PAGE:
Water-Pipe Tobacco Smoking Among Middle and High School Students in Arizona

Water-pipe smoked tobacco has become increasingly prevalent among youth, exposing them early to a habit that can bring substantial harm to health and increase the likelihood of nicotine addiction. It is important to focus attention on this growing public health threat.

More U.S. college students and younger adolescents are using water pipes to smoke tobacco. Water-pipe smoke, which contains many of the same toxicants as cigarette smoke, has been associated with cancer, cardiovascular disease, decreased pulmonary function and nicotine dependence. This study of Arizona middle and high school students examined the prevalence of water-pipe tobacco smoking and compared water-pipe smoking with other forms of tobacco use. Outcomes of interest were: ever use of water pipe to smoke tobacco and water-pipe tobacco smoking in the previous 30 days. To obtain data, researchers supplemented Arizona’s 2005 Youth Tobacco Survey, a statewide sample of high school students.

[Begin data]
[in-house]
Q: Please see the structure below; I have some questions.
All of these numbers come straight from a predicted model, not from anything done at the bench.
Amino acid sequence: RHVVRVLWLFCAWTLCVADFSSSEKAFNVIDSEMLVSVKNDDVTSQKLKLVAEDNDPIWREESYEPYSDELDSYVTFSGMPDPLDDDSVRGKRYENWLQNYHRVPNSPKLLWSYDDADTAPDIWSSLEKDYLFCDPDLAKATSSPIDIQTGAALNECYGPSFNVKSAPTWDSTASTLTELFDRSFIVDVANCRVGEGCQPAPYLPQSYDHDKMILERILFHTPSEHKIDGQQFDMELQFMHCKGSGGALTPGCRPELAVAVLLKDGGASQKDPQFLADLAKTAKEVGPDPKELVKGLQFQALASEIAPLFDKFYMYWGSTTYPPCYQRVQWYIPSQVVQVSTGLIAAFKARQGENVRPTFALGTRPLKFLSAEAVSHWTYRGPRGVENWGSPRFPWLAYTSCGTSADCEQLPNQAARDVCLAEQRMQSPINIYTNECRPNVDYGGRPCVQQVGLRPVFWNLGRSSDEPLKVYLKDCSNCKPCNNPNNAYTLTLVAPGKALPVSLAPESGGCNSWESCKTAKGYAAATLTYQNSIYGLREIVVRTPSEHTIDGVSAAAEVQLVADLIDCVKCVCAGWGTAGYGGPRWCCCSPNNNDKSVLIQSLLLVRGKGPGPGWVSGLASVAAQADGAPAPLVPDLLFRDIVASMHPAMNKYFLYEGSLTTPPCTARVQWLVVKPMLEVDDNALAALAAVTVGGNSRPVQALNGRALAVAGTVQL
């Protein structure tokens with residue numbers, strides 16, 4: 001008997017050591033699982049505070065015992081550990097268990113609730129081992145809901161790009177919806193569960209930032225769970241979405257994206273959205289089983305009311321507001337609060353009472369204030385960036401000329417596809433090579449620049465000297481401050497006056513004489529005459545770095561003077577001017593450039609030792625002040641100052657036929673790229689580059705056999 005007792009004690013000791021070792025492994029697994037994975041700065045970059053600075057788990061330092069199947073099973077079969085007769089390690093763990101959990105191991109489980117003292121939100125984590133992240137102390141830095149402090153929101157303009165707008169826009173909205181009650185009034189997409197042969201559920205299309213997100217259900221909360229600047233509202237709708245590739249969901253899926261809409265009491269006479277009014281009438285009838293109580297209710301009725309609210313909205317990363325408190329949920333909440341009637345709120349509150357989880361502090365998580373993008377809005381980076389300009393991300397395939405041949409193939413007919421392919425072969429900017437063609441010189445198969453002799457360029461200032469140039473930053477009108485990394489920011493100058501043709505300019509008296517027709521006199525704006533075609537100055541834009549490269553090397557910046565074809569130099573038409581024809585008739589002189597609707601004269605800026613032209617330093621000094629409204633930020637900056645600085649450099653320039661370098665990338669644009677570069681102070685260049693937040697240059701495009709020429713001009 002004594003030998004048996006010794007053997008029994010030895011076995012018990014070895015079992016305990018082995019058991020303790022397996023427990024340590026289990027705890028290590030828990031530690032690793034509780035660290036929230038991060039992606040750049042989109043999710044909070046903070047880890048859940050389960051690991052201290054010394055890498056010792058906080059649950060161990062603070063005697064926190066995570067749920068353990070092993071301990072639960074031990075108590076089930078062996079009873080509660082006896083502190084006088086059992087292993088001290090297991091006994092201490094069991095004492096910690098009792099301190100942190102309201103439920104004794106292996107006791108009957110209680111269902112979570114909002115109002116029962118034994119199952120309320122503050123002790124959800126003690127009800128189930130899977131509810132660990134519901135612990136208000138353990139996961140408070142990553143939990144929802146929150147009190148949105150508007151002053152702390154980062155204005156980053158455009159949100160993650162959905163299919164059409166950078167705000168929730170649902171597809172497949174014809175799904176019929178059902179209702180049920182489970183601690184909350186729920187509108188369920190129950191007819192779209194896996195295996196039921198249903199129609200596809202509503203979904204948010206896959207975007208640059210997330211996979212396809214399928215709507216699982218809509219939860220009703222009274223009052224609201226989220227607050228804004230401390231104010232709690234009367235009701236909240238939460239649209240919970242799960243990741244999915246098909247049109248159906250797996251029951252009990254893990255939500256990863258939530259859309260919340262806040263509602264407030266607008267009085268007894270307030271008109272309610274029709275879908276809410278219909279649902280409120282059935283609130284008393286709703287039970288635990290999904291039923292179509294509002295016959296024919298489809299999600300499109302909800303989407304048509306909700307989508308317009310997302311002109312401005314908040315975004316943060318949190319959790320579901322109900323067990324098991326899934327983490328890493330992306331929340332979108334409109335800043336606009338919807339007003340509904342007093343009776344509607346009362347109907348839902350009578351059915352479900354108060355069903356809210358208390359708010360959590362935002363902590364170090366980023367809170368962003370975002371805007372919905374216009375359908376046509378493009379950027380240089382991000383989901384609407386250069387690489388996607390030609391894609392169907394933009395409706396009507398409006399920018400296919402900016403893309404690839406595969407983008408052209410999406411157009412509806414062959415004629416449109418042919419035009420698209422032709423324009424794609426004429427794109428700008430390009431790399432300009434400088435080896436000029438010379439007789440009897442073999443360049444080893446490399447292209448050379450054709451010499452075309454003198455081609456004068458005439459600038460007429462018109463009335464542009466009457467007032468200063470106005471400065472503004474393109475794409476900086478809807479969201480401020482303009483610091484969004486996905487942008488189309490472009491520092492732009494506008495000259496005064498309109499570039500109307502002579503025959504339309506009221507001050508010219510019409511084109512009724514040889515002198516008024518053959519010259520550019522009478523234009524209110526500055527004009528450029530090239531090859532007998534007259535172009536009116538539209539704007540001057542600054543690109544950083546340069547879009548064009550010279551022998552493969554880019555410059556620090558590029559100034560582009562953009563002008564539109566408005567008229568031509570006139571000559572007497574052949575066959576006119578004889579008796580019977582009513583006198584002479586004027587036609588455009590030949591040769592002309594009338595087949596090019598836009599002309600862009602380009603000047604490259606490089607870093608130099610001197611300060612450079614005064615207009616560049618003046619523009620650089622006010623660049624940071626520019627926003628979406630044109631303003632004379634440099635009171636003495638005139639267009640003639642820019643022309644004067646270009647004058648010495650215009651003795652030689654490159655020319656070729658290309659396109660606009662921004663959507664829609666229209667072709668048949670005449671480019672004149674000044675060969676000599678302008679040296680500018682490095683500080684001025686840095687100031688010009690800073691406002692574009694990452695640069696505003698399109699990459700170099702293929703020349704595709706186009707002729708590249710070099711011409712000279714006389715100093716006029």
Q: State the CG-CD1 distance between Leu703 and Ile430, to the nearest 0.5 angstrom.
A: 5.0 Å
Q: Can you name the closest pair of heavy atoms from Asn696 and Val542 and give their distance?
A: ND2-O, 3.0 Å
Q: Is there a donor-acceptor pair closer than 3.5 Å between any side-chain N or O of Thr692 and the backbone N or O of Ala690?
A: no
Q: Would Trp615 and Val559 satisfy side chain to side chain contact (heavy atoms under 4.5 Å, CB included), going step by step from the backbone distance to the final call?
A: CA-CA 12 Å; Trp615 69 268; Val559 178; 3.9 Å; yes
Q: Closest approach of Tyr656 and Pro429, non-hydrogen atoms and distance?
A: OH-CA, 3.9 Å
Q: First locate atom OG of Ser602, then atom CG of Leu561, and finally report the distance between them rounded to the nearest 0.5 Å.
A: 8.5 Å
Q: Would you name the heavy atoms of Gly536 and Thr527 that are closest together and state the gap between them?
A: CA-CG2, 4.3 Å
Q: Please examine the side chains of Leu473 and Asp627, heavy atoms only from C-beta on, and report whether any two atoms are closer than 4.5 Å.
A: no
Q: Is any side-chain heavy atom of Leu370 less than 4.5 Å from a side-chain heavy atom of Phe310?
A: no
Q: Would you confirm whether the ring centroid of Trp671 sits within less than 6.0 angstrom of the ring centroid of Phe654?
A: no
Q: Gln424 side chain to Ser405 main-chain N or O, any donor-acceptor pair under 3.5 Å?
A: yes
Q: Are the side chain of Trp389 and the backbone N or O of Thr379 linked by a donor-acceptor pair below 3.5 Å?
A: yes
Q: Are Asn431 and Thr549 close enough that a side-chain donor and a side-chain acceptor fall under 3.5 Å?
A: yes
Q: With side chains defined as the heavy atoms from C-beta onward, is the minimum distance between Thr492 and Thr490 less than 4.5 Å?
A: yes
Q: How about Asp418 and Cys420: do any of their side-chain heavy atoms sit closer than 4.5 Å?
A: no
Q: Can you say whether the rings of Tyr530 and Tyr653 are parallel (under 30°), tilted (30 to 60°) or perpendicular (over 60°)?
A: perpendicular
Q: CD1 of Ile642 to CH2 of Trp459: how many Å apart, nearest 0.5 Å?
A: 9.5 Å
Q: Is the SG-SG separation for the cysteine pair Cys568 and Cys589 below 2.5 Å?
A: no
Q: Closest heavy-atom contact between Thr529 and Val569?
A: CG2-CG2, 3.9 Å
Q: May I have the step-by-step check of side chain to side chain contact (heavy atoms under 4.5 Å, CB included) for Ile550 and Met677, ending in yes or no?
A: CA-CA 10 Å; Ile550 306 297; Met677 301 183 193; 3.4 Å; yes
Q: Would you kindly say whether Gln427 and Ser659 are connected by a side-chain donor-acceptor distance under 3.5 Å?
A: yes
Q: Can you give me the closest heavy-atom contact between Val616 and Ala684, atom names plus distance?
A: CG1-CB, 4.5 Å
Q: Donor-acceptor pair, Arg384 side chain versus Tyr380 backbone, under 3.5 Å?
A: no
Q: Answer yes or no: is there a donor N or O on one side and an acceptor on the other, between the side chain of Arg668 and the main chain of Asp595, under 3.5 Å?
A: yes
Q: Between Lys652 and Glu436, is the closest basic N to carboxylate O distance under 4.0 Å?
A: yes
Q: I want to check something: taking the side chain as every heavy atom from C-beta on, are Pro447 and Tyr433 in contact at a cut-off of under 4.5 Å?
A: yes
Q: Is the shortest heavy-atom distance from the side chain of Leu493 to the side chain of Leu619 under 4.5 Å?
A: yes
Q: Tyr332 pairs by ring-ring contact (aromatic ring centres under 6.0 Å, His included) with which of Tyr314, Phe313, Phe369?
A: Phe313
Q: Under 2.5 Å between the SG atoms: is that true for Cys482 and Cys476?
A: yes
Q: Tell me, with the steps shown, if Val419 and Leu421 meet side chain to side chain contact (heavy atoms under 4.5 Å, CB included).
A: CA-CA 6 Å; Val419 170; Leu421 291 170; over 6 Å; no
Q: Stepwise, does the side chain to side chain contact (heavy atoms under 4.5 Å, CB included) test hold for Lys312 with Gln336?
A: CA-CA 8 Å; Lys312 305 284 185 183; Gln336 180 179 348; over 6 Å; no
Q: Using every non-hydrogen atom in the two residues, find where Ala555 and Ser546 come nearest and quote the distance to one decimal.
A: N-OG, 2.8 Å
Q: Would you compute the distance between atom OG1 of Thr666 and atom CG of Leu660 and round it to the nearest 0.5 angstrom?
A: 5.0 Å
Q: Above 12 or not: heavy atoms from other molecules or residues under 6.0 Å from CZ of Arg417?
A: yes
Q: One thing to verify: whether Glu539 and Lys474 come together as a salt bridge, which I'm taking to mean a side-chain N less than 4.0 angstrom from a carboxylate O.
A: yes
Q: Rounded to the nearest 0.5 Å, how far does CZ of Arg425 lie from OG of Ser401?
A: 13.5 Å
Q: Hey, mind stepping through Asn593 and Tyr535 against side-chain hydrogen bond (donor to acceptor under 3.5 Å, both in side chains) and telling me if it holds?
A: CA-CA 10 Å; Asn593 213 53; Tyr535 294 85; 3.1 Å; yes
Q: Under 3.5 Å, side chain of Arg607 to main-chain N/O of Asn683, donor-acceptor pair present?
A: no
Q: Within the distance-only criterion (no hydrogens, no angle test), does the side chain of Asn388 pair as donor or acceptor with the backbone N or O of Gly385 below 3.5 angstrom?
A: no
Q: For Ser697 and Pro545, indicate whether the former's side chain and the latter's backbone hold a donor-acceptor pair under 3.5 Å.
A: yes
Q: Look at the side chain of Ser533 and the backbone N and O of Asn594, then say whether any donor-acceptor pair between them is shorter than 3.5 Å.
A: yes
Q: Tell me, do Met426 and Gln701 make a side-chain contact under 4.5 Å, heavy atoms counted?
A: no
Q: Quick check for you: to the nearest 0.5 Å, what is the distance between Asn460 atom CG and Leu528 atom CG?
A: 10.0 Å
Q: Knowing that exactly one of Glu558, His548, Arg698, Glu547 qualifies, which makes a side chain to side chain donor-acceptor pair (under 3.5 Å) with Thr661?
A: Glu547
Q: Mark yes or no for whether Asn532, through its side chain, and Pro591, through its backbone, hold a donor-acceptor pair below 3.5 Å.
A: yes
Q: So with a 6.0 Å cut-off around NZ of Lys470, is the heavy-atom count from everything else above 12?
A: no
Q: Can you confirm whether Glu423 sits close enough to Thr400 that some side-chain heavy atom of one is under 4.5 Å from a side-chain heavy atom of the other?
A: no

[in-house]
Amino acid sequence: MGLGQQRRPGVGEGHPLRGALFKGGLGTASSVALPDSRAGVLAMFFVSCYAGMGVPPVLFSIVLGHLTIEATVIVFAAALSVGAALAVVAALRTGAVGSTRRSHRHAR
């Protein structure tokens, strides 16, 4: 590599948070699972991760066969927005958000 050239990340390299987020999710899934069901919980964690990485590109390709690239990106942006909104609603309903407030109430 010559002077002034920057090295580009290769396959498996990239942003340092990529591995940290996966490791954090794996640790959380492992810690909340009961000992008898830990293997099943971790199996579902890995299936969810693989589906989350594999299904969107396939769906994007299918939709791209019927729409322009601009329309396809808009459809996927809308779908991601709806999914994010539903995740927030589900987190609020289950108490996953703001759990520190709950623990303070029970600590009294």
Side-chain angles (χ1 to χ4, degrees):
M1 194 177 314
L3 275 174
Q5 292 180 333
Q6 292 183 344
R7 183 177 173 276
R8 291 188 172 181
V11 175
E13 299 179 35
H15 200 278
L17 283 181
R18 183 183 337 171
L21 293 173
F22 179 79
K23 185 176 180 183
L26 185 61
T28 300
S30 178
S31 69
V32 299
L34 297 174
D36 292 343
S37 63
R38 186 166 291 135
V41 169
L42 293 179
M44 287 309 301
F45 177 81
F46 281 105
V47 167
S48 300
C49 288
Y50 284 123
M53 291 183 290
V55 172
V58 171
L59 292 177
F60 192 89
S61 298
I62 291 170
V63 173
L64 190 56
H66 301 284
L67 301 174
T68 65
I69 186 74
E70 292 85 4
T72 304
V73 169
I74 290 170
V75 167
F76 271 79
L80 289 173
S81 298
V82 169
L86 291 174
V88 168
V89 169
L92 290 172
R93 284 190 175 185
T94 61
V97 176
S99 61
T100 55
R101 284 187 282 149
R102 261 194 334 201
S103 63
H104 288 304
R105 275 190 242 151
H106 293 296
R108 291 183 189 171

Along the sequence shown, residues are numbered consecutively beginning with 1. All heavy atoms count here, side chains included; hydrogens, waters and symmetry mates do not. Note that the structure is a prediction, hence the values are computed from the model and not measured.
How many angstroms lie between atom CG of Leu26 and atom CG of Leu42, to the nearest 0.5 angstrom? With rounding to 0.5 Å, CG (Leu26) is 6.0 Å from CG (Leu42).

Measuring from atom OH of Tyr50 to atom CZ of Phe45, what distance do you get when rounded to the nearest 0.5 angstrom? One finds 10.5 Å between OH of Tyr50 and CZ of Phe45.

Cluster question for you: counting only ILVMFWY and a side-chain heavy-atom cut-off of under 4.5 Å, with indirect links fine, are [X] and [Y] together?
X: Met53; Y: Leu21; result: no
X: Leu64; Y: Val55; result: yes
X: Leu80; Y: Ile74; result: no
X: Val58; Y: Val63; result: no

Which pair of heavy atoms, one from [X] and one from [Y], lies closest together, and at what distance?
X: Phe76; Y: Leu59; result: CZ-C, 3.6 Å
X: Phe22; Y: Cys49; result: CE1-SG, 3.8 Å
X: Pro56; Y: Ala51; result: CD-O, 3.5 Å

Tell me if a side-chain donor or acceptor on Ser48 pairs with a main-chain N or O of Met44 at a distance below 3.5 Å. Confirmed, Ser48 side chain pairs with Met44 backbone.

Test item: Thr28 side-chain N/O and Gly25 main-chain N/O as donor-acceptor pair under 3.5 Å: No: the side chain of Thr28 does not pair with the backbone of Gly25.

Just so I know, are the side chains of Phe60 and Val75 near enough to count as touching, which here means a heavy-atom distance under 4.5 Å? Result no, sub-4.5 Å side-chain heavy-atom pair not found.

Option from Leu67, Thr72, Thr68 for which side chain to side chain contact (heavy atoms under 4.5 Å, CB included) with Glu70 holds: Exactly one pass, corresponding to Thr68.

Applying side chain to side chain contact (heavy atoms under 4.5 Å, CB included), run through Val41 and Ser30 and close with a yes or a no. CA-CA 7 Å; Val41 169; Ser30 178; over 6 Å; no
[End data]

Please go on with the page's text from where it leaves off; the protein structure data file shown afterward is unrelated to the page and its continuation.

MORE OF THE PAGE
Key Findings:

  • Among middle school students, 2.1 percent had ever smoked water-pipe tobacco; 1.4 percent within previous 30 days.
  • Among high school students, 10.3 percent had ever smoked from a water pipe; 5.4 percent within previous 30 days.
  • Ever smoking of water-pipe tobacco was associated with older age, Asian race, white race, charter school attendance and lack of plans to attend college.

Among Arizona youth, water pipe is the third most common source of tobacco after cigarettes and cigars, with higher uptake among higher-risk youth. Increased national surveillance, water-pipe-specific prevention efforts and additional research may help address this public health concern.